A lot of our smaller jurisdictions, our municipalities, the city of Oklahoma City, the city of Midwest City, the city of Edmond, also have marijuana crimes that they can charge at a local level. And so, people ask me, “How do I know if it’s going to go state or it’s going to go city?” Well, it depends. It depends on a lot of things. Number one, it depends on who the arresting agency is. If it’s a city police department there’s a decent chance that your charge will be maintained in the city Municipal Court. Of course, if it’s Oklahoma Highway Patrol, a state trooper, they can only present charges to state offices. So that would go to the District Court of whatever county you’re in.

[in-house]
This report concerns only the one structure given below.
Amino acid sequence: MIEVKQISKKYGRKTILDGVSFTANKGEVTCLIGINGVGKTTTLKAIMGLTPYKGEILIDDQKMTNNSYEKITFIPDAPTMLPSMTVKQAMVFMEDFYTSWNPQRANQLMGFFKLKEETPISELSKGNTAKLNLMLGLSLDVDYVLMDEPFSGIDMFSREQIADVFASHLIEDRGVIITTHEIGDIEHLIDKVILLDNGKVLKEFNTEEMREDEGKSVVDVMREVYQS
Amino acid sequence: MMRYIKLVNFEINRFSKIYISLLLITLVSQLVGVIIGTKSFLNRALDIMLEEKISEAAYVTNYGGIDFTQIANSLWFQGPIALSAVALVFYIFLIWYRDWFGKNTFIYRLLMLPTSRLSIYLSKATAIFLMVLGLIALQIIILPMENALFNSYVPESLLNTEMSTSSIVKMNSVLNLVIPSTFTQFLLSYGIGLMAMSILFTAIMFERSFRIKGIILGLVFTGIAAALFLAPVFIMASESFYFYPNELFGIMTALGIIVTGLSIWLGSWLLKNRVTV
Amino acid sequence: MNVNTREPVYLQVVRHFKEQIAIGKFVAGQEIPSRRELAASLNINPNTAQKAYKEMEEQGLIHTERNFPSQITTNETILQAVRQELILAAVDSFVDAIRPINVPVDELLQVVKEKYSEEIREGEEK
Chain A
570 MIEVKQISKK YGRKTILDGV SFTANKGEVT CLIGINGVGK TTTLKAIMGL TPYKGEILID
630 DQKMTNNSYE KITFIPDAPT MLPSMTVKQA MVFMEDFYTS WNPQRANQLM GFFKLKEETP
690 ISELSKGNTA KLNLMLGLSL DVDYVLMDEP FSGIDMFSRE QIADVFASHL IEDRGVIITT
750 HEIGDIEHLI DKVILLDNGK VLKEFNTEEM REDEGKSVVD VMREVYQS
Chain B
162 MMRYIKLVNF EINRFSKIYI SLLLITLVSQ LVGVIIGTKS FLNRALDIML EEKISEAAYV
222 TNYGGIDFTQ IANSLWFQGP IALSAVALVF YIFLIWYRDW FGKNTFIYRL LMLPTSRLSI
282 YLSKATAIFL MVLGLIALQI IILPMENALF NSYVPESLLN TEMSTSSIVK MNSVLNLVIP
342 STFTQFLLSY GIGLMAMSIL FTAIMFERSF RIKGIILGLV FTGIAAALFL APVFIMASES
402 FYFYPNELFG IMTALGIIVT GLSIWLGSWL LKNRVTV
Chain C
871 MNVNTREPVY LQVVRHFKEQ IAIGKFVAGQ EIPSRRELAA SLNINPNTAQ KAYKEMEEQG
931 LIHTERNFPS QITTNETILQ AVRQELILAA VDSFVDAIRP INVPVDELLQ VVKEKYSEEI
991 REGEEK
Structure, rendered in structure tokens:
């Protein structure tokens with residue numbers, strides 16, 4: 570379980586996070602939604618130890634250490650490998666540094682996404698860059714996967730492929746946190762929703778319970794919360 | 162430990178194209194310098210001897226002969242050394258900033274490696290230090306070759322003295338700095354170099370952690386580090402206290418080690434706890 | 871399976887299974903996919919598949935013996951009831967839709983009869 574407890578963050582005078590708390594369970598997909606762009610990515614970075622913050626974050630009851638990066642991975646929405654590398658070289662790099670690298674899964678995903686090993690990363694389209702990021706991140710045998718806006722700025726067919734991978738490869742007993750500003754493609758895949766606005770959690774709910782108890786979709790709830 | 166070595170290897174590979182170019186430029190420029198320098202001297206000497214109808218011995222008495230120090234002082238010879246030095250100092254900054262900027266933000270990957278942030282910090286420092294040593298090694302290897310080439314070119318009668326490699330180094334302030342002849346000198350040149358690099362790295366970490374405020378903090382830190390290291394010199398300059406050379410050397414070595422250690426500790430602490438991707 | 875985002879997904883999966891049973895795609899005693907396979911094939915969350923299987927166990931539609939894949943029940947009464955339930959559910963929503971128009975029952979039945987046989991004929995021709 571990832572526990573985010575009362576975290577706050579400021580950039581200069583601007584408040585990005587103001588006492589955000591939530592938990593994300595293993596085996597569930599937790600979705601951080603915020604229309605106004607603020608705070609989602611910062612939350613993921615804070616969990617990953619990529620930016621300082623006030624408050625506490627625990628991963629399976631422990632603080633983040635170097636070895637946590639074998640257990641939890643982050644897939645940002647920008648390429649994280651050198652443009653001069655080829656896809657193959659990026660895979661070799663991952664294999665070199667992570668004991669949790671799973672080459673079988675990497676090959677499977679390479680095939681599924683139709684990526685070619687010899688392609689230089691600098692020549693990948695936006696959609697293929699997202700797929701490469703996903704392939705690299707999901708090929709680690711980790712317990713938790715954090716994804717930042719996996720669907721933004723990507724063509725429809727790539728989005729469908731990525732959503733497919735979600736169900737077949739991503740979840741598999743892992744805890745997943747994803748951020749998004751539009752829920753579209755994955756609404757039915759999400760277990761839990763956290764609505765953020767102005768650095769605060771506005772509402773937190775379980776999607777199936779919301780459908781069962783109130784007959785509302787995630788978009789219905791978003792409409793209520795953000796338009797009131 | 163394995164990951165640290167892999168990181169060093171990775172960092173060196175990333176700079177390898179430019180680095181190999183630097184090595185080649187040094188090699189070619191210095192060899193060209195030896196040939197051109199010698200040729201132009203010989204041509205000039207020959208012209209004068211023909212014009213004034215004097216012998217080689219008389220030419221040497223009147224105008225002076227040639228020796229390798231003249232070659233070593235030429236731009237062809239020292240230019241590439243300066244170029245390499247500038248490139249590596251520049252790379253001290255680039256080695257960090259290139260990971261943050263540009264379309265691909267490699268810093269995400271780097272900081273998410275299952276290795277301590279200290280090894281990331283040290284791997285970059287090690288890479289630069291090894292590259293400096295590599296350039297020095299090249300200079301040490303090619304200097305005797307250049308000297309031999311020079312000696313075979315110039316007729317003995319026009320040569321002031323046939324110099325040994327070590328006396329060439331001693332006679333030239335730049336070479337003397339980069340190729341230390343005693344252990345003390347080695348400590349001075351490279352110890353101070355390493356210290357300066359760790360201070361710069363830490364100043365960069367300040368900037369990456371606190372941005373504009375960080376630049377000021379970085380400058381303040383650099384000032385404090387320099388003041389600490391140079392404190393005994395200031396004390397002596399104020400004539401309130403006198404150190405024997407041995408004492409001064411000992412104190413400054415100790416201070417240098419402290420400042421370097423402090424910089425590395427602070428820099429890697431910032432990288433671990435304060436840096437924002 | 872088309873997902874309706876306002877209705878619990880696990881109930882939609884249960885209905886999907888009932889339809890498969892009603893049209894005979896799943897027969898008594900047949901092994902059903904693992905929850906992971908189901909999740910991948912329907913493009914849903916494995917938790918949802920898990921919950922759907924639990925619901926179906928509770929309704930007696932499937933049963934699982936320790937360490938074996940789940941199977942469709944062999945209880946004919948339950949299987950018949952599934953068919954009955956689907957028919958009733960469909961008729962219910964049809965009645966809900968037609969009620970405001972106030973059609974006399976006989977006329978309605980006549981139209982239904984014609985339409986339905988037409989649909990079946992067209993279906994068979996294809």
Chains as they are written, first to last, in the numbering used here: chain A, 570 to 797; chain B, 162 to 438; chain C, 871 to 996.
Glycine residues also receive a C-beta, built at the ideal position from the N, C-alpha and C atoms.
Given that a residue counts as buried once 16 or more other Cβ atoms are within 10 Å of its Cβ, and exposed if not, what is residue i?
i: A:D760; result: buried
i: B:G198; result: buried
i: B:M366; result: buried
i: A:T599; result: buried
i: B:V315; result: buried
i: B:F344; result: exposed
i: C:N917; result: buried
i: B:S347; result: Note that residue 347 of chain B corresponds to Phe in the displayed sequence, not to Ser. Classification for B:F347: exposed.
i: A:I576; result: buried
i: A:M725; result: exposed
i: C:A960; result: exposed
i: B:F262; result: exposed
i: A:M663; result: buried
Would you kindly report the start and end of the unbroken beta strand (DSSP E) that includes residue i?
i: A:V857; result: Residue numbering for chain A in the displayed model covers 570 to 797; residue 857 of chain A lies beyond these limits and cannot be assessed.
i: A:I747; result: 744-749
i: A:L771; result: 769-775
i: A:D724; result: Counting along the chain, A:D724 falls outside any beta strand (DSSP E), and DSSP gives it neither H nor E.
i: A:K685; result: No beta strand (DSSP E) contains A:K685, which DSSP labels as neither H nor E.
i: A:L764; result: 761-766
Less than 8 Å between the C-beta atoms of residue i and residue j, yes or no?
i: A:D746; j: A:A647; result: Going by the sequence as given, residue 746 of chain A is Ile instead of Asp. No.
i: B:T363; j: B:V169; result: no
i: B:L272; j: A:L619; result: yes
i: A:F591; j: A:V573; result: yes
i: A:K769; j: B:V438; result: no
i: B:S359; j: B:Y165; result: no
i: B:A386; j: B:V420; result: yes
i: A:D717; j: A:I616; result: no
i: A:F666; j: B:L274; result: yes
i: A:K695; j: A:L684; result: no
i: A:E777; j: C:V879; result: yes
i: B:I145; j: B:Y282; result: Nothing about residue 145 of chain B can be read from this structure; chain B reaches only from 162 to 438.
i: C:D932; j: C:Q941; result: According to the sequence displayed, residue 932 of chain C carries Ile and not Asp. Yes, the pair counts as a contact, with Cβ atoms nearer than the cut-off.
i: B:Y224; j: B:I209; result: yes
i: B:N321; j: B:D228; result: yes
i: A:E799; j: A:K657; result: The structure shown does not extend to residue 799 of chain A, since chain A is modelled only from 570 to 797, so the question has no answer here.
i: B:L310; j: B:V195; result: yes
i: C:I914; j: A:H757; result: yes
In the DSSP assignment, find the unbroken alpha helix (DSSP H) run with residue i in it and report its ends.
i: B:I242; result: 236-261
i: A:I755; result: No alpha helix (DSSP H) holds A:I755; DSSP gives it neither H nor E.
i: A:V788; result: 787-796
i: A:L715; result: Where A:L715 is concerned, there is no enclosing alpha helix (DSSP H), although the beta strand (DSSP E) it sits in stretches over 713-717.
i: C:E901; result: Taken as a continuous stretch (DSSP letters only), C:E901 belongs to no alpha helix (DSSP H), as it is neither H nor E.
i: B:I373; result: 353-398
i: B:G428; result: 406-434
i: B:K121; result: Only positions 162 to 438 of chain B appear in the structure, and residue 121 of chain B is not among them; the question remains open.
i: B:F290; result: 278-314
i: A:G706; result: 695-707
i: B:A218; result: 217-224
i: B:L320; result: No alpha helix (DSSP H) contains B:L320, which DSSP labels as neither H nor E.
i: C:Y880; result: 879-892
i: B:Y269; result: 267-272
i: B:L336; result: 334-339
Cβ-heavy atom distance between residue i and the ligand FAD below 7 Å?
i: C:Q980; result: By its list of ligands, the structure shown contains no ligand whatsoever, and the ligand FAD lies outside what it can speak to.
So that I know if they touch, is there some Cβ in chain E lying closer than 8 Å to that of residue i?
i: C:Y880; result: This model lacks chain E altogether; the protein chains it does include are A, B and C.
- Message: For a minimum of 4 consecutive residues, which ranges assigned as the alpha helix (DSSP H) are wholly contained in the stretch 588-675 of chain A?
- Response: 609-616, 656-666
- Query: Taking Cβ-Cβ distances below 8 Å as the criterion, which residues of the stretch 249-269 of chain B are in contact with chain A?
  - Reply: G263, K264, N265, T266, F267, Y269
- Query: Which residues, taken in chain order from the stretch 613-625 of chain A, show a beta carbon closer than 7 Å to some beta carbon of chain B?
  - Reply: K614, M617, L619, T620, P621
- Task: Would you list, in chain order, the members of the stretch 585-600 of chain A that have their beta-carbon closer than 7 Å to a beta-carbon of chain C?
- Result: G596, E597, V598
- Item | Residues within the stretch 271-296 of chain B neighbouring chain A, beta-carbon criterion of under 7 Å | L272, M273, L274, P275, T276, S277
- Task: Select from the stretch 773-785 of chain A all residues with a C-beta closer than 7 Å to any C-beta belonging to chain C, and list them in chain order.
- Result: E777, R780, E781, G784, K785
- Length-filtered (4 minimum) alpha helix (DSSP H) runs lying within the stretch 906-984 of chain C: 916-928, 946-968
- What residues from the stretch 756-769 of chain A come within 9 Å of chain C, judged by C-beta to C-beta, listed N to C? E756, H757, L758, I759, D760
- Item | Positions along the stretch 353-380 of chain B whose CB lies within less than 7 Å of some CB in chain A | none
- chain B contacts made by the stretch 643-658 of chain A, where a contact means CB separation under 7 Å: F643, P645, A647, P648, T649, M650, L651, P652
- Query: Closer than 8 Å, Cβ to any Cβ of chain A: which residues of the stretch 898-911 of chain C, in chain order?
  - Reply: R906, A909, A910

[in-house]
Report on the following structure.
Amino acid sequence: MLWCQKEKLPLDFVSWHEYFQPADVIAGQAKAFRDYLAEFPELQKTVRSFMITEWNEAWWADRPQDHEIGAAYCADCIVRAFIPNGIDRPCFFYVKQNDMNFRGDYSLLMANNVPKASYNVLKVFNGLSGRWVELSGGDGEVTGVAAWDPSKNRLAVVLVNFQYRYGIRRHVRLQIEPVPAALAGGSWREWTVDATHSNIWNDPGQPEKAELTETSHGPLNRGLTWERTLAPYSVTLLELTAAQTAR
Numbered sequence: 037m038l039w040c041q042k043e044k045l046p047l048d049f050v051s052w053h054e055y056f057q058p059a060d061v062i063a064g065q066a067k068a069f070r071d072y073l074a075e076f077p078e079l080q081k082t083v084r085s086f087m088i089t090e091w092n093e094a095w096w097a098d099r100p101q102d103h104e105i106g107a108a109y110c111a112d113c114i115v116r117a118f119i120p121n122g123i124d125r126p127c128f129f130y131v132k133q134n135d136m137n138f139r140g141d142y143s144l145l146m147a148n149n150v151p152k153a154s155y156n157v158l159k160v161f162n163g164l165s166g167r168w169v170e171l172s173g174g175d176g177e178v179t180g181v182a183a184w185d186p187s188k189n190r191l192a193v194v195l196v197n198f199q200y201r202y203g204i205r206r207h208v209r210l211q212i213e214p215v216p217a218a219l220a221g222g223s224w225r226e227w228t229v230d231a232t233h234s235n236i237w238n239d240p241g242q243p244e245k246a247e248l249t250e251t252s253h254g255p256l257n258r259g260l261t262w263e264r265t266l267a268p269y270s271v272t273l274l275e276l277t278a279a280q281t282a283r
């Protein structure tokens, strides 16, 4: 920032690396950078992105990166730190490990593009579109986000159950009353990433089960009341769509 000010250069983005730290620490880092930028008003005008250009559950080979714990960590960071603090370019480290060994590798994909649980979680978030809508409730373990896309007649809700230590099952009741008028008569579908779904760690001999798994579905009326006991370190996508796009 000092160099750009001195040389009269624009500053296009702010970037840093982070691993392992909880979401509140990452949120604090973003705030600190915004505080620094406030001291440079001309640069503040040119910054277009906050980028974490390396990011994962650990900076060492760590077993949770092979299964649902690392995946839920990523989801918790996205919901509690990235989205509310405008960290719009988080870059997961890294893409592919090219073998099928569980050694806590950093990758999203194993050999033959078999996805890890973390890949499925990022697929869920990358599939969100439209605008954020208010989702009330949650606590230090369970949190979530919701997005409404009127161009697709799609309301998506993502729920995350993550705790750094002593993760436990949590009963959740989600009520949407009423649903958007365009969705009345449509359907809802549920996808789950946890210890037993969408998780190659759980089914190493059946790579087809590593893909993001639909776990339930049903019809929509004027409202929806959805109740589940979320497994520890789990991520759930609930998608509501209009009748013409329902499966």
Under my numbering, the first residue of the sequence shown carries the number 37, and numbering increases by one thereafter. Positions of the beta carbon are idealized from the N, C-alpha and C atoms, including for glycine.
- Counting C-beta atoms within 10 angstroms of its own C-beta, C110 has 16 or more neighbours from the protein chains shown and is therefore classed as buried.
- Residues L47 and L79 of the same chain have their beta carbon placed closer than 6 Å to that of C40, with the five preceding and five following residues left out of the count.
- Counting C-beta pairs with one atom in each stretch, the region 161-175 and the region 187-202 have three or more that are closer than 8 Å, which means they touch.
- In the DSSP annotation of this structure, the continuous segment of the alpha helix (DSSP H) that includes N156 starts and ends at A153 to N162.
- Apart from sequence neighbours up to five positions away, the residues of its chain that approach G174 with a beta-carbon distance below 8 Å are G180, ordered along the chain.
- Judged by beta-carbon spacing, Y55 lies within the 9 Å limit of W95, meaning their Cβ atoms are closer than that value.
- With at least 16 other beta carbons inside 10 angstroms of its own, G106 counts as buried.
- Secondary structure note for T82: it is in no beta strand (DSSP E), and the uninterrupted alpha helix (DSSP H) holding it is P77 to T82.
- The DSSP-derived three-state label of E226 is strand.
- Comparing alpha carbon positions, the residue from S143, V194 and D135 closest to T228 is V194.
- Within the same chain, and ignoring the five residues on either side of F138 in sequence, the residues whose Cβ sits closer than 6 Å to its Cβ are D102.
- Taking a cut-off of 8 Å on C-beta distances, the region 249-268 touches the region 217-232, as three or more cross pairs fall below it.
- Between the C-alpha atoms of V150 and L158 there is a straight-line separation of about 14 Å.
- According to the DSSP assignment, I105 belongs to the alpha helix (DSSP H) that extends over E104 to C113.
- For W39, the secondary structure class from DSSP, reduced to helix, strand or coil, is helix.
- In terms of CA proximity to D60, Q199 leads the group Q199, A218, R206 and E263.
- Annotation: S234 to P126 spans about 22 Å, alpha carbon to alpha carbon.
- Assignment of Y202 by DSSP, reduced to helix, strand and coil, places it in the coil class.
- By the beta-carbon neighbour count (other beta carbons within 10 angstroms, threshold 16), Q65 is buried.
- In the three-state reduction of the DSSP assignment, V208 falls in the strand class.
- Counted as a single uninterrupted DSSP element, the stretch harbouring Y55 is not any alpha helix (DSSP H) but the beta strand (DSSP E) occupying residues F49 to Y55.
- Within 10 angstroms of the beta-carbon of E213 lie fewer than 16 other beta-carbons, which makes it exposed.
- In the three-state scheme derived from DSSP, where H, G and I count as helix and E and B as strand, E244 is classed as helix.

Although, it’s still a misdemeanor, and this is a good deal for people to kind of not have a permanent scar on the record for partaking in smoking something that is natural. Right? So, it’s not decriminalized. It is still a crime, and it comes a lot of times of heavy court costs. So, your first-time offense of marijuana possession could be in the city or in state. And much like the other drug crimes that we’ve talked about conviction for that, or even catching a deferred, entering a plea of any kind is going to result in having to do a drug and alcohol assessment. And any follow-up that they recommend. And we’ve talked briefly about those in the past. Briefly, that’s going to include maybe an AA meetings or NA meetings. Maybe doing a couple clean urinalysis. Pee clean a couple times. Sometimes, especially in state court and some of these municipalities, they’ll put you in outpatient substance-related abuse classes. Many of my client do those prior to entering a plea. The reason that’s important is because, just because, it’s just a misdemeanor, people oftentimes think it’s no big deal. Sometimes, their lawyers failed to tell them that just because this one was “just a misdemeanor” doesn’t mean it is always going to be just a misdemeanor.